The Brown Bear
The Brown Bear has captured the human consciousness like nearly no other animal can. It presents an image so like ourselves that we often get caught up in the "cuteness" and forget that it is a wild animal that we are dealing with. The brown bear is often seen as the cuddly buffoon of animation, and the "Teddy" bear of children and collectors alike. In reality, the brown bear is a complex and fascinating animal deserving of great respect.
The brown bear distinguishes itself from the other ursines by virtue of its shoulder hump, which is caused by muscles which are used for digging. The color of the animal varies from a light creamy color through to black. It has a dished facial profile and very long claws on the front paws. In addition, has a wider distribution than any of the other bears, and can be found throuhout the world. The animal has been found in such diverse places as Europe, Japan, North Asia, the western Canadian provinces, and the states of Washington, Idaho, Montana, Wyoming, and Alaska. This diversity does not limit itself to purely geographical happenings, as the bear is also found in a great number of different habitats as well. Brown bears can be found on the plains, in the forests, the tundra, and in subalpine mountain areas. At one time, the brown bear could be found throughout the North American continent. However, excessive hunting and destruction of the animal's habitat have all but wiped out this majestic creature.
This animal's weight varies widely throughout the course of the year. Some can even double their weigh between emerging from their dens in the Spring and returning in the Fall. The males can weigh anywhere from 300 to 860 pounds, with the females coming in somewhere between 205 and 455 pounds. The average size of these bears is difficult to pinpoint, because it seems to depend greatly on the food sources available. The island grizzlies of Alaska (Kodiak and Admiralty) are considered the largest land carnivores in the world, and live on a diet of fish and other rich food. The inland animals are smaller by some 30%.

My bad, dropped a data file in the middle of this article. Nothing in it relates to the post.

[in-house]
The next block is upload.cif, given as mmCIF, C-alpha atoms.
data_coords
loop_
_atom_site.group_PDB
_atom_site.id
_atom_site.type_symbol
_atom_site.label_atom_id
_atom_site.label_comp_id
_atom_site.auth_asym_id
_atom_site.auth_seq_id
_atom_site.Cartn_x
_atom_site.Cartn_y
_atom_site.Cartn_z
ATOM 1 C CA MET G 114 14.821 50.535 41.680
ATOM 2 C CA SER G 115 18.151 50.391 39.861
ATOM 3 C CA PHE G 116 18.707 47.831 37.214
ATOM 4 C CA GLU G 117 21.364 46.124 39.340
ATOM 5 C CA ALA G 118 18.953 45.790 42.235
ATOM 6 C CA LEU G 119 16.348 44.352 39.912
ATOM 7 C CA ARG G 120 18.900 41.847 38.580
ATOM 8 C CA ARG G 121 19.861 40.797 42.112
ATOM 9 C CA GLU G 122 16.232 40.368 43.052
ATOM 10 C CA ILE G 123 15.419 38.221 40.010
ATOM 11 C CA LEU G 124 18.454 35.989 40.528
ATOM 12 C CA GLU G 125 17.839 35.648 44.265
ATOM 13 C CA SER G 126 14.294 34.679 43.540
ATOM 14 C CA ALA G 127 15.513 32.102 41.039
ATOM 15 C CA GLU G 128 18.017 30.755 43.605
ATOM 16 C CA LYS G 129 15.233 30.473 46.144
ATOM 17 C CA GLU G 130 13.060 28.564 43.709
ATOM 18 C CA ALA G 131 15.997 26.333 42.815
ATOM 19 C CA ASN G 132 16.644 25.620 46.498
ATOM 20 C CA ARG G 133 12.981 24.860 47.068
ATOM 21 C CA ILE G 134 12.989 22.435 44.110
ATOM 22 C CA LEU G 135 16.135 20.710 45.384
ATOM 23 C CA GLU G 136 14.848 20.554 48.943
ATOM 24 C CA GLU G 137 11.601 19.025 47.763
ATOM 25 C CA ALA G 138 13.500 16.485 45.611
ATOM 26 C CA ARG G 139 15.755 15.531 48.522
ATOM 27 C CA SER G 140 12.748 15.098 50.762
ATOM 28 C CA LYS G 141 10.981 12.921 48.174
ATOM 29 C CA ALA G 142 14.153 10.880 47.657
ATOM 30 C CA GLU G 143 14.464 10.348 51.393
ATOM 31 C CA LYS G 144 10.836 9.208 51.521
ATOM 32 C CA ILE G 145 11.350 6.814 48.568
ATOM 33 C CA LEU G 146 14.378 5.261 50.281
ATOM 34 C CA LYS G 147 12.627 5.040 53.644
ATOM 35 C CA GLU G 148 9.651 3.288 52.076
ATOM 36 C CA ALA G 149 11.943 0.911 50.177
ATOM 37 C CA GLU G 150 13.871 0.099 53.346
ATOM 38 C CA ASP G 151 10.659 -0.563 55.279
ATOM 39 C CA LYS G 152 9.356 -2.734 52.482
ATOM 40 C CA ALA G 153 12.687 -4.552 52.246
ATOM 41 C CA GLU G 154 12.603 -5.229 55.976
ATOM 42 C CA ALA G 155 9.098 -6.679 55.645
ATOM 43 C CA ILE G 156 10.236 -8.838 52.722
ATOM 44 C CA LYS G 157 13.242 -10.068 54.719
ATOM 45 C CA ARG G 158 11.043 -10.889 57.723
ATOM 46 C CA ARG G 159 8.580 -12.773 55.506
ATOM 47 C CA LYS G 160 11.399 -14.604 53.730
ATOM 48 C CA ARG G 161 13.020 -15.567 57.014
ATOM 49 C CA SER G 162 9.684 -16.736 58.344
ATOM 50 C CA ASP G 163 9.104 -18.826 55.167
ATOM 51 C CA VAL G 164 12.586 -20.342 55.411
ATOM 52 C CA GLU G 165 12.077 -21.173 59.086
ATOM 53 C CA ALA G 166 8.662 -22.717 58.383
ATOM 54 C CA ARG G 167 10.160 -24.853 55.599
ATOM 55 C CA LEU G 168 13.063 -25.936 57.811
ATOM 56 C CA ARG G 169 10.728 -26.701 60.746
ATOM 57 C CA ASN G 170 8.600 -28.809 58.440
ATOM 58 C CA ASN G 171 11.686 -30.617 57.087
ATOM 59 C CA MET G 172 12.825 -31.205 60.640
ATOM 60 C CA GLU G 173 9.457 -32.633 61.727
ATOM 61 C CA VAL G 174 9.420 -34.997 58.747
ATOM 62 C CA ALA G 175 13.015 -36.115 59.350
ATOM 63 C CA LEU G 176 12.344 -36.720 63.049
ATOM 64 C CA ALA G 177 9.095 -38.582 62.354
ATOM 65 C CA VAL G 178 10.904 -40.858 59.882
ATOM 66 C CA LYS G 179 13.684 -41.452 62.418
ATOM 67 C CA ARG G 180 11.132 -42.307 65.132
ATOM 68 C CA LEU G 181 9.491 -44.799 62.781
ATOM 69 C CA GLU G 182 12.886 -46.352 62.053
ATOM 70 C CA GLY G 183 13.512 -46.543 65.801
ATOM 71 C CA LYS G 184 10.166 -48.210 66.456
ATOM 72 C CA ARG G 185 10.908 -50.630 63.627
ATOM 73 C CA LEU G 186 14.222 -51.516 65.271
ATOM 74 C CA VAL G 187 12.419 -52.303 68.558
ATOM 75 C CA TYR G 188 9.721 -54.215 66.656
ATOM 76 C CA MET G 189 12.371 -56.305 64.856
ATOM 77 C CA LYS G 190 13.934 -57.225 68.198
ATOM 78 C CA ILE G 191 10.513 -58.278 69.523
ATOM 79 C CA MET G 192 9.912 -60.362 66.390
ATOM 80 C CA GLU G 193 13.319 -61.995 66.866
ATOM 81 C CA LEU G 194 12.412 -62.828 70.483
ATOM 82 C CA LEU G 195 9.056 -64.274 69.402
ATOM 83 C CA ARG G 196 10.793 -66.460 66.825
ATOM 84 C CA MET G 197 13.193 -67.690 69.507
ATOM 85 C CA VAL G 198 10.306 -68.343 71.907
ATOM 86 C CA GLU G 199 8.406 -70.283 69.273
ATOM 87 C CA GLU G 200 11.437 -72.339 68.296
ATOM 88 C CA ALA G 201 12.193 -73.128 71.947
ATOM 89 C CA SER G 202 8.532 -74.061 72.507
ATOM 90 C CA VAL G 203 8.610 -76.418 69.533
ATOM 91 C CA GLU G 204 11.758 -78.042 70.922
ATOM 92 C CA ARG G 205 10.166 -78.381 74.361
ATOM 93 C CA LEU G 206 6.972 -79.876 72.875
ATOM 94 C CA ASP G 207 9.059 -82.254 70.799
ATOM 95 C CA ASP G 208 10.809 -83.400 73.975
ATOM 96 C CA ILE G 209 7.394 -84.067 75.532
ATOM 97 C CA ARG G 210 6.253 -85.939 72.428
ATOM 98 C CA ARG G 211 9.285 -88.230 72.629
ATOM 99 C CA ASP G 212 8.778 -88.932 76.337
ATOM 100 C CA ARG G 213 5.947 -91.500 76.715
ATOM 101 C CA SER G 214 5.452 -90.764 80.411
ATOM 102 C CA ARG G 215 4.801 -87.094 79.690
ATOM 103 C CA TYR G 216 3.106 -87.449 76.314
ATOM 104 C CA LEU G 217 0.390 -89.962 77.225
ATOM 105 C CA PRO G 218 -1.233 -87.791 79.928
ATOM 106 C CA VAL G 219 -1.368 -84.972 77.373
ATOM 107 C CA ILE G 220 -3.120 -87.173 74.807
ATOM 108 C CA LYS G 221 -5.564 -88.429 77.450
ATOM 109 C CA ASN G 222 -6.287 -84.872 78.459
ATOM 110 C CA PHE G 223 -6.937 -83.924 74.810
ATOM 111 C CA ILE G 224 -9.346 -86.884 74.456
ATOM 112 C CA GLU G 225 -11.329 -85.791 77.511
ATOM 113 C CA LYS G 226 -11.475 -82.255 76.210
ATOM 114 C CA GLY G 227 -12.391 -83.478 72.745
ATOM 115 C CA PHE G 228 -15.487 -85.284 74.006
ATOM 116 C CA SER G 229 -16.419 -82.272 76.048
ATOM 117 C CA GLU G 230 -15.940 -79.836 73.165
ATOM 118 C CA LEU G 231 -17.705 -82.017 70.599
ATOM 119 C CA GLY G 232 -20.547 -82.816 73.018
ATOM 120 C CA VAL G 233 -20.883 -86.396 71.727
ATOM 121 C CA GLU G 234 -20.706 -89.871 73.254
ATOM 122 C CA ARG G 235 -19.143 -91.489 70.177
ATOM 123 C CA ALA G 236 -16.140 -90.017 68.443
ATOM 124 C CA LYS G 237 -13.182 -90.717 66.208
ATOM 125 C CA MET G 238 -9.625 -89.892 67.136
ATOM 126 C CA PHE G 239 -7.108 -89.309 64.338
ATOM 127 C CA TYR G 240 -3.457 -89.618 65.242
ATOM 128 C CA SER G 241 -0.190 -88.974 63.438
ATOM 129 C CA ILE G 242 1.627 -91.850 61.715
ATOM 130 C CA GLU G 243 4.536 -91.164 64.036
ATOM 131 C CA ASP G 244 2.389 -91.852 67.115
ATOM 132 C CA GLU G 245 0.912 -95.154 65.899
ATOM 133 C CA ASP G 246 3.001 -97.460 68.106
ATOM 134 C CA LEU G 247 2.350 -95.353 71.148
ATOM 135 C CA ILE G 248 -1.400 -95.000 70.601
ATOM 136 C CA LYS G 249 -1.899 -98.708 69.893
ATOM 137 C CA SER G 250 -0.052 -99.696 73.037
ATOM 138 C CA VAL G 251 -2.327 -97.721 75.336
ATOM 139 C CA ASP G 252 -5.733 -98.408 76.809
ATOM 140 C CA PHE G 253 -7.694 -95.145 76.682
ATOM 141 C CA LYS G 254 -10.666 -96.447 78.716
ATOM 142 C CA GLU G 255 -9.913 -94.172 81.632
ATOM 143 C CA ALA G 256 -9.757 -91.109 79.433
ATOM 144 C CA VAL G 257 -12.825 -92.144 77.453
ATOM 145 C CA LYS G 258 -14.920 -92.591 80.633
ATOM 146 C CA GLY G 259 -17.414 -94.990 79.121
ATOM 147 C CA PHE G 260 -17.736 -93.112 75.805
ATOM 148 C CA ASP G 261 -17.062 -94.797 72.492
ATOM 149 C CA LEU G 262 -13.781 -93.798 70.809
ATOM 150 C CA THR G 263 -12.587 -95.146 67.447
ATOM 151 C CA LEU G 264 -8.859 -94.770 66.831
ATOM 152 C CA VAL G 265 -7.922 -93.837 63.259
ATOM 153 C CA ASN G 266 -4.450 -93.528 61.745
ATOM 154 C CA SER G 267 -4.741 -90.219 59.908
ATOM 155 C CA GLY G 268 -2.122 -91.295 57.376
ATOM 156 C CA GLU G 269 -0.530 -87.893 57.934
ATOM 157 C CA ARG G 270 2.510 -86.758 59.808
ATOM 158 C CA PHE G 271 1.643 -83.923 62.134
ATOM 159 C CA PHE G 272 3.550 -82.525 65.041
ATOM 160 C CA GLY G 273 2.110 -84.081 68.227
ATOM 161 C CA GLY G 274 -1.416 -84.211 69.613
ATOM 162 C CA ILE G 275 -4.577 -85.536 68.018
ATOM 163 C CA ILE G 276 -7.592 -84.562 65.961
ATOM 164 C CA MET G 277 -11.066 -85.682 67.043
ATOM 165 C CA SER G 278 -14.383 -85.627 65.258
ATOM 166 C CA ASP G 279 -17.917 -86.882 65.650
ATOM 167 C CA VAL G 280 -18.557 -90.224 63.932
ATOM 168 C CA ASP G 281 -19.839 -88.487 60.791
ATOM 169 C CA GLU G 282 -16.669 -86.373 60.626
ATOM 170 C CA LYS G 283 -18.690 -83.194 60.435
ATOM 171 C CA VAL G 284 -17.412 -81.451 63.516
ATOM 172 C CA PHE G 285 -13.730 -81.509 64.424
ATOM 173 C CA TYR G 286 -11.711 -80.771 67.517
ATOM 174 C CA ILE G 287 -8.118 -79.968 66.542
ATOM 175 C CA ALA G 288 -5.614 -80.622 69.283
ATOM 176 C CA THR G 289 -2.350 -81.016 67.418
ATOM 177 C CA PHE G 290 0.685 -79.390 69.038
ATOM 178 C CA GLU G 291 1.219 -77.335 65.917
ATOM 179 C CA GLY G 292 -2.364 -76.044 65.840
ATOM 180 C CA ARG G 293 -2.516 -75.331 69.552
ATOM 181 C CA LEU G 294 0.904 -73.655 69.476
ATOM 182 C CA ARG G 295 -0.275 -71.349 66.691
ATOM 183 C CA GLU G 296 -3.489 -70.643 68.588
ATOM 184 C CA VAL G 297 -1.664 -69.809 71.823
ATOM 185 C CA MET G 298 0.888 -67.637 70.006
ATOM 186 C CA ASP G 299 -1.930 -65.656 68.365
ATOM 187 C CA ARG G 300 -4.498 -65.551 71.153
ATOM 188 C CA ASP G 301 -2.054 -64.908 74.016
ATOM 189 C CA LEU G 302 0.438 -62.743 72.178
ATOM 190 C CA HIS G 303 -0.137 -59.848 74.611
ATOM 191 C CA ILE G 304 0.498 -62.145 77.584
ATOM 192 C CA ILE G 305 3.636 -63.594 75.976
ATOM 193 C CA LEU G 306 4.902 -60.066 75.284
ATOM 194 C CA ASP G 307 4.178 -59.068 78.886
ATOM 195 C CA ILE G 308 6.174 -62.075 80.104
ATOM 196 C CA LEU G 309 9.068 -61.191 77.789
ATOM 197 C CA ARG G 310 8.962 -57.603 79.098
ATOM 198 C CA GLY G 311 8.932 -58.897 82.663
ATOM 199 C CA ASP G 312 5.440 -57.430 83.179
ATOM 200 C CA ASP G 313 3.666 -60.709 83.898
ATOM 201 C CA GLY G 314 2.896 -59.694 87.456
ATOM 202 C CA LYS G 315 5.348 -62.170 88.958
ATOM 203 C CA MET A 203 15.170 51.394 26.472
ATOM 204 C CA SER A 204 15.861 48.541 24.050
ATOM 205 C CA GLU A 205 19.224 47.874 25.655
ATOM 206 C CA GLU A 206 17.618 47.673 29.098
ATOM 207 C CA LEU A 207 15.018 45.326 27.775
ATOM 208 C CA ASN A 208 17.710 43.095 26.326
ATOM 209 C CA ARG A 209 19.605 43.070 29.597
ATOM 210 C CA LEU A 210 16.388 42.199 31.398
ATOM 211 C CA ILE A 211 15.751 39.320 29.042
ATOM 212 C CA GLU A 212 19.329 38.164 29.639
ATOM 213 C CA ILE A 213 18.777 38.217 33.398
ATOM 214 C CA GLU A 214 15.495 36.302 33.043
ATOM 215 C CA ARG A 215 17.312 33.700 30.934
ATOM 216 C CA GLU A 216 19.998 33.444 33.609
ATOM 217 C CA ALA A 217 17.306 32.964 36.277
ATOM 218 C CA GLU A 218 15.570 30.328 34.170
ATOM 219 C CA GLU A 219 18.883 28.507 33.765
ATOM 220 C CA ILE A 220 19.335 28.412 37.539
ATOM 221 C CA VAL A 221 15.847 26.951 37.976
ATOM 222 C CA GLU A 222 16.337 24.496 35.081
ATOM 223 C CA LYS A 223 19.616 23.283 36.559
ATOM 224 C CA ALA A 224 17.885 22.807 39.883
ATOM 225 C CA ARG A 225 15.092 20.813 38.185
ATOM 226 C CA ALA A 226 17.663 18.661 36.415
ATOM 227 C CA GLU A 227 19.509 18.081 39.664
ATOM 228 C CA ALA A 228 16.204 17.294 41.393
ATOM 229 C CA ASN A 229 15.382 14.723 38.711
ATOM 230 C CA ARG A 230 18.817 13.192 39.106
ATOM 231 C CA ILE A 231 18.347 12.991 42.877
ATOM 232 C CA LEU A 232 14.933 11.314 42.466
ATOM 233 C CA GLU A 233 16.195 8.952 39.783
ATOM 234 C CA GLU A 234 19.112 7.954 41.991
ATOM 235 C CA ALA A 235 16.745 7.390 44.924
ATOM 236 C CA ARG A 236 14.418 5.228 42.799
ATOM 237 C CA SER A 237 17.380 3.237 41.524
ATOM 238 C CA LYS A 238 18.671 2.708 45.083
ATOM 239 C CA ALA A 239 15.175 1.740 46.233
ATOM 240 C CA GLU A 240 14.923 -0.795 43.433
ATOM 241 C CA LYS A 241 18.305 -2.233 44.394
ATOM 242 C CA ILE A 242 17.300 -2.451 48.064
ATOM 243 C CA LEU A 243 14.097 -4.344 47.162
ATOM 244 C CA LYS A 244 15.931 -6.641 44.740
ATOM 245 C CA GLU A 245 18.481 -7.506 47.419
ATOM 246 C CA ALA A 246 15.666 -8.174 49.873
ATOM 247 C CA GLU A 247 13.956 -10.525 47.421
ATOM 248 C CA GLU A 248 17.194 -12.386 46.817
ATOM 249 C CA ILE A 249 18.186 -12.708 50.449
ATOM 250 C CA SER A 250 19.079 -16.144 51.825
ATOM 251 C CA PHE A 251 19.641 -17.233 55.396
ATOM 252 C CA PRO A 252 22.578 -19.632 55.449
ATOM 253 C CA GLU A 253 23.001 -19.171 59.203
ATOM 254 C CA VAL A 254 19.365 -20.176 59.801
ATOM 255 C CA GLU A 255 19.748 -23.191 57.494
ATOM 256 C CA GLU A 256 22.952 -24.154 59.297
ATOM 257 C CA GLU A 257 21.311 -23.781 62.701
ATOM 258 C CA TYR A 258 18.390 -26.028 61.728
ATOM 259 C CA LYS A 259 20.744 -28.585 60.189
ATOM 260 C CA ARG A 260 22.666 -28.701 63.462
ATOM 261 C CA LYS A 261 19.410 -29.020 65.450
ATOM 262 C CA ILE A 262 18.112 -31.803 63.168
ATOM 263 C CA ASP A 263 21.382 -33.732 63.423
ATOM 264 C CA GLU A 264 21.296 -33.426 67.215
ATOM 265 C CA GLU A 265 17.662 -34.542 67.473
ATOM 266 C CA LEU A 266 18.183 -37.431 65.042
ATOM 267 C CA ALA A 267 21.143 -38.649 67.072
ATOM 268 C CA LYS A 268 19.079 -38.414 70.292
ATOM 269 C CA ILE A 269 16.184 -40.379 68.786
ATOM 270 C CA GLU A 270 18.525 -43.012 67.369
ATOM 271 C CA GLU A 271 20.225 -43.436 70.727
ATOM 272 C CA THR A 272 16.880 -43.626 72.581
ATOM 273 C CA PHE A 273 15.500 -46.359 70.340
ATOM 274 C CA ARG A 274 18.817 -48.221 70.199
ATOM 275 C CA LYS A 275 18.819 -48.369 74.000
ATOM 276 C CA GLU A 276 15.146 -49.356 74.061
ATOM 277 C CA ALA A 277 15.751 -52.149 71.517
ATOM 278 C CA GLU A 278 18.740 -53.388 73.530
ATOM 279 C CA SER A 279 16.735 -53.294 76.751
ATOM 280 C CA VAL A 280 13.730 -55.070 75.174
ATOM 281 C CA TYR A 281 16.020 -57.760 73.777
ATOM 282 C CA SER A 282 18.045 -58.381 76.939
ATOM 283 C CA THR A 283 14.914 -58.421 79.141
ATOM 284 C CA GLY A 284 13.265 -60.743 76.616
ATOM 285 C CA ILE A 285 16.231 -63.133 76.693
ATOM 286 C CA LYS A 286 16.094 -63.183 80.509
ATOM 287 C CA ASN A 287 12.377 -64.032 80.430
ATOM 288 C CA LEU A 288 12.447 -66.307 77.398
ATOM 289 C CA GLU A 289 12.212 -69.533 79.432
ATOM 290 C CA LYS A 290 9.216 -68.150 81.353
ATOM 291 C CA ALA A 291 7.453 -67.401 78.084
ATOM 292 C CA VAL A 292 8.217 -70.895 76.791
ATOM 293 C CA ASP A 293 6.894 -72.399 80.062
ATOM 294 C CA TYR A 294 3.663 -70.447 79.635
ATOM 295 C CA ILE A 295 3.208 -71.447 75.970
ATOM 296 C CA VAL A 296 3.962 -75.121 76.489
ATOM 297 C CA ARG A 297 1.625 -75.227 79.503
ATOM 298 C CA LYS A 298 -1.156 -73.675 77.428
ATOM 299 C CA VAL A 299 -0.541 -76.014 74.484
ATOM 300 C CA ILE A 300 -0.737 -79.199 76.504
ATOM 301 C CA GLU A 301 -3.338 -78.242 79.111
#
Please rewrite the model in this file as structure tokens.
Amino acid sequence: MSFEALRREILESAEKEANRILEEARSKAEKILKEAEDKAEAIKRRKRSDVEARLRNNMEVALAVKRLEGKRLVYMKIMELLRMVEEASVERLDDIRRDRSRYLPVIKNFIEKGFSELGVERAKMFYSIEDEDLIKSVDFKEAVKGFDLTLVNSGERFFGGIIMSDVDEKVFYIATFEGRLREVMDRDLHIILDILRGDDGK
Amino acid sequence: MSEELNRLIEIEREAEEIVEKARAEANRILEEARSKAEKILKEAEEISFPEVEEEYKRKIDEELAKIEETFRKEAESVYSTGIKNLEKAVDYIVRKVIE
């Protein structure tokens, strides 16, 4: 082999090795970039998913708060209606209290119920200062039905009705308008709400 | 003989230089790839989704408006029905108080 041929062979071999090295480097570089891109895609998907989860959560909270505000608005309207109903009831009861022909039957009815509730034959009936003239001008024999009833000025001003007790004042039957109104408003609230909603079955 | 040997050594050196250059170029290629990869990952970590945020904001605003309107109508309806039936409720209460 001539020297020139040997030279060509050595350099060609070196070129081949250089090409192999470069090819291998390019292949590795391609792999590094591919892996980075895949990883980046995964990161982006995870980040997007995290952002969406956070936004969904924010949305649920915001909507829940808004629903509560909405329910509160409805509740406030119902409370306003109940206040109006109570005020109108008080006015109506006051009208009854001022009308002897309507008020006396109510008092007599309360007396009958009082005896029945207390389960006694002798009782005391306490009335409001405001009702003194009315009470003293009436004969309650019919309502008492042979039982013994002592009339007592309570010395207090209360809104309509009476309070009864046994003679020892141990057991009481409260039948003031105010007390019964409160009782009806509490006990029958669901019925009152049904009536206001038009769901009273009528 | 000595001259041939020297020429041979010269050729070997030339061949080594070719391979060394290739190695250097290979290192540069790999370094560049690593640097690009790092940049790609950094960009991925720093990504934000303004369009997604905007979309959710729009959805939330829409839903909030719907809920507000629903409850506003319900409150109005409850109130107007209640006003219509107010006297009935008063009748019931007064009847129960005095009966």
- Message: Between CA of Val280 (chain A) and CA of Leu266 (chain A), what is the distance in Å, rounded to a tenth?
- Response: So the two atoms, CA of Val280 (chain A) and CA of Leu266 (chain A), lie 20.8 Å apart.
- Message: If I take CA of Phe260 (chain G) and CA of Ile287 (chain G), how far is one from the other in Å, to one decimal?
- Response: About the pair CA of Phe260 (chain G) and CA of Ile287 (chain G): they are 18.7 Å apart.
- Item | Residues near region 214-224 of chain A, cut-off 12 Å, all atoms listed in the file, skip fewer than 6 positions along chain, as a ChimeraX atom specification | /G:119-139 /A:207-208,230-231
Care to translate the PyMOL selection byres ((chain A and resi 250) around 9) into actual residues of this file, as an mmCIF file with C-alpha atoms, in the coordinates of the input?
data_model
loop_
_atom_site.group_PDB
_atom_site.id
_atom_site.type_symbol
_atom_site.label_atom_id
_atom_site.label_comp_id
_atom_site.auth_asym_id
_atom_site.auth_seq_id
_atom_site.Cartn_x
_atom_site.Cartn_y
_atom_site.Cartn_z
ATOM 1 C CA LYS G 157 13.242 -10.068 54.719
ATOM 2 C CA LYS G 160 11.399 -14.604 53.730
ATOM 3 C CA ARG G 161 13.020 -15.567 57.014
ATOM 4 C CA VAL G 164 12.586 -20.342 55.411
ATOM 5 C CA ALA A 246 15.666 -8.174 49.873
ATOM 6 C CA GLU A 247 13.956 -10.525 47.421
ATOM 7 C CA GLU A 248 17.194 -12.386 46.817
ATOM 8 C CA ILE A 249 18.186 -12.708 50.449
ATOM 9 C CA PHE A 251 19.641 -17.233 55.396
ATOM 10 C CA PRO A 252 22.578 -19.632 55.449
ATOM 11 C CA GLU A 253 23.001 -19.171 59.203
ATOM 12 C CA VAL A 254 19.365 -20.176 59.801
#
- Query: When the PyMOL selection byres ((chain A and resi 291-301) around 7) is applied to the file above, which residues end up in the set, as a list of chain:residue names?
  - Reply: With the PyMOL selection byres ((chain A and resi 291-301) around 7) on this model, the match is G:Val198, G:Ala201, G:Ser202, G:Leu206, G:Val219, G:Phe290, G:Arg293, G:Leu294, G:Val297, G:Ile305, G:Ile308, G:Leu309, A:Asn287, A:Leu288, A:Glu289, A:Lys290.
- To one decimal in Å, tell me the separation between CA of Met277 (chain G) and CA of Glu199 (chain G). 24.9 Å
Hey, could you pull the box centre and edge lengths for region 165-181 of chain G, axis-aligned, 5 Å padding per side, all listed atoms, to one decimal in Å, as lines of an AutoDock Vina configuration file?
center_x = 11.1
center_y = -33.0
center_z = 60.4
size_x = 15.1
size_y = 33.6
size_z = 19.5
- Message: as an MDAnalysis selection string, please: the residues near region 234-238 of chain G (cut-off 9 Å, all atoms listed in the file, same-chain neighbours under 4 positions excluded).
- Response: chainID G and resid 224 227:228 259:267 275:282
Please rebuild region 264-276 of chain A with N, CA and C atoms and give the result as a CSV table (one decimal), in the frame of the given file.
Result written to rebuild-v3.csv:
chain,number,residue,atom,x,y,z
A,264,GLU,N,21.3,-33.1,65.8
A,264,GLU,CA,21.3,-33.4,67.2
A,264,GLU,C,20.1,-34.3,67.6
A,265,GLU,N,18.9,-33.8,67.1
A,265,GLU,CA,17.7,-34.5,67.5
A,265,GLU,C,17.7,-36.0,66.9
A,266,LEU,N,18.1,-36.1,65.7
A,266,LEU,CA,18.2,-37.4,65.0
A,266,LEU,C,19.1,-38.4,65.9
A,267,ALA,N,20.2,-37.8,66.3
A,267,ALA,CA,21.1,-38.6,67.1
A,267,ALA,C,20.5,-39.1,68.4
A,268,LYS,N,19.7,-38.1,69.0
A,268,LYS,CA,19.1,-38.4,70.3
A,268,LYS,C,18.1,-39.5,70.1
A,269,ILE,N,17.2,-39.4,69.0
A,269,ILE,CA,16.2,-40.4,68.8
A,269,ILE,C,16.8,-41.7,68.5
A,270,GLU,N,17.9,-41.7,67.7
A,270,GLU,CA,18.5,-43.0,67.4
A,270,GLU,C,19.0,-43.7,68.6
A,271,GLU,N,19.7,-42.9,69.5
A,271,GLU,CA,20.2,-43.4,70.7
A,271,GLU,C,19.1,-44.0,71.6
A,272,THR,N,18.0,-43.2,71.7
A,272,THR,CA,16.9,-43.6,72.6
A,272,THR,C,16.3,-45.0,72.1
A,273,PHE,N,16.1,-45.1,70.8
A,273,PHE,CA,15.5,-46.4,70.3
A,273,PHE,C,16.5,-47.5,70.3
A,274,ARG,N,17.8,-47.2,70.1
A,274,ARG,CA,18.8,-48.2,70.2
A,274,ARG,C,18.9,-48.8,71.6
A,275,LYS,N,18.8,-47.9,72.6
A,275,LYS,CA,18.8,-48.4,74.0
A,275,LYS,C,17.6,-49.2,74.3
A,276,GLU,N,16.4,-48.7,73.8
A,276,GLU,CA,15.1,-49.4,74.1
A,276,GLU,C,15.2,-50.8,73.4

Of the browns, people tend to be more familiar with the grizzly bear. This animal is well known for it's agressive nature, and it is for this reason that many folks believe it gets its name. Not so! The name "grizzly" comes from the "grizzling" of its fur, which gives it a lighter color at the tips of hairs.
Brown bears reach sexual maturity somewhere between their 4 1/2 to 7th years. Females and males mature at approximately the same time, but males often do not become successful breeders until they are 8-10 years old due to competition with older, stronger males. Mating between browns takes place from early May to mid-July Implantation of the egg in the uterus, however, does not occur until sometime in Oct.-Nov. 1-4 cubs are born during winter hibernation of the female, with 2 being most common, sometime between January and March. The cubs will stay with the sow up to 2 1/2 years, meaning that the female may only breed about once every 3 years or so. Given that bears generally live only until they are 20-25 years of age, this does not give very many opportunities to reproduce.
Like most other bears, the brown bears are longers; with the notable exception of females with cubs. During the mating season, males and females may pair up and mate frequently for up to two weeks. The females require the stimulation of frequent mating before they will ovulate. While fertile, she may mate with several males, leading to cubs in a litter which may not all have the same father. This is one of the factors that makes research into bears more difficult, since paternity is often hard to determine.
The home ranges of bears often overlap. The ranges of males will often intersect those of several females. Bears will not generally attack other bears which wander in to their territories. They will even congregate peacefully in places where food is plentiful such as garbage dumps and salmon streams. In such places, the big, dominant males will usually get the choice fishing areas.
Brown bears are technically carnivores, but in practice most of their diet consists of plant matter such as sedges, grasses, bulbs, seeds, berries, and roots. They will also eat insects, fish, and small mammals. Some of these bears have even developed predatory practices on large animals, including moose, caribou, and elk.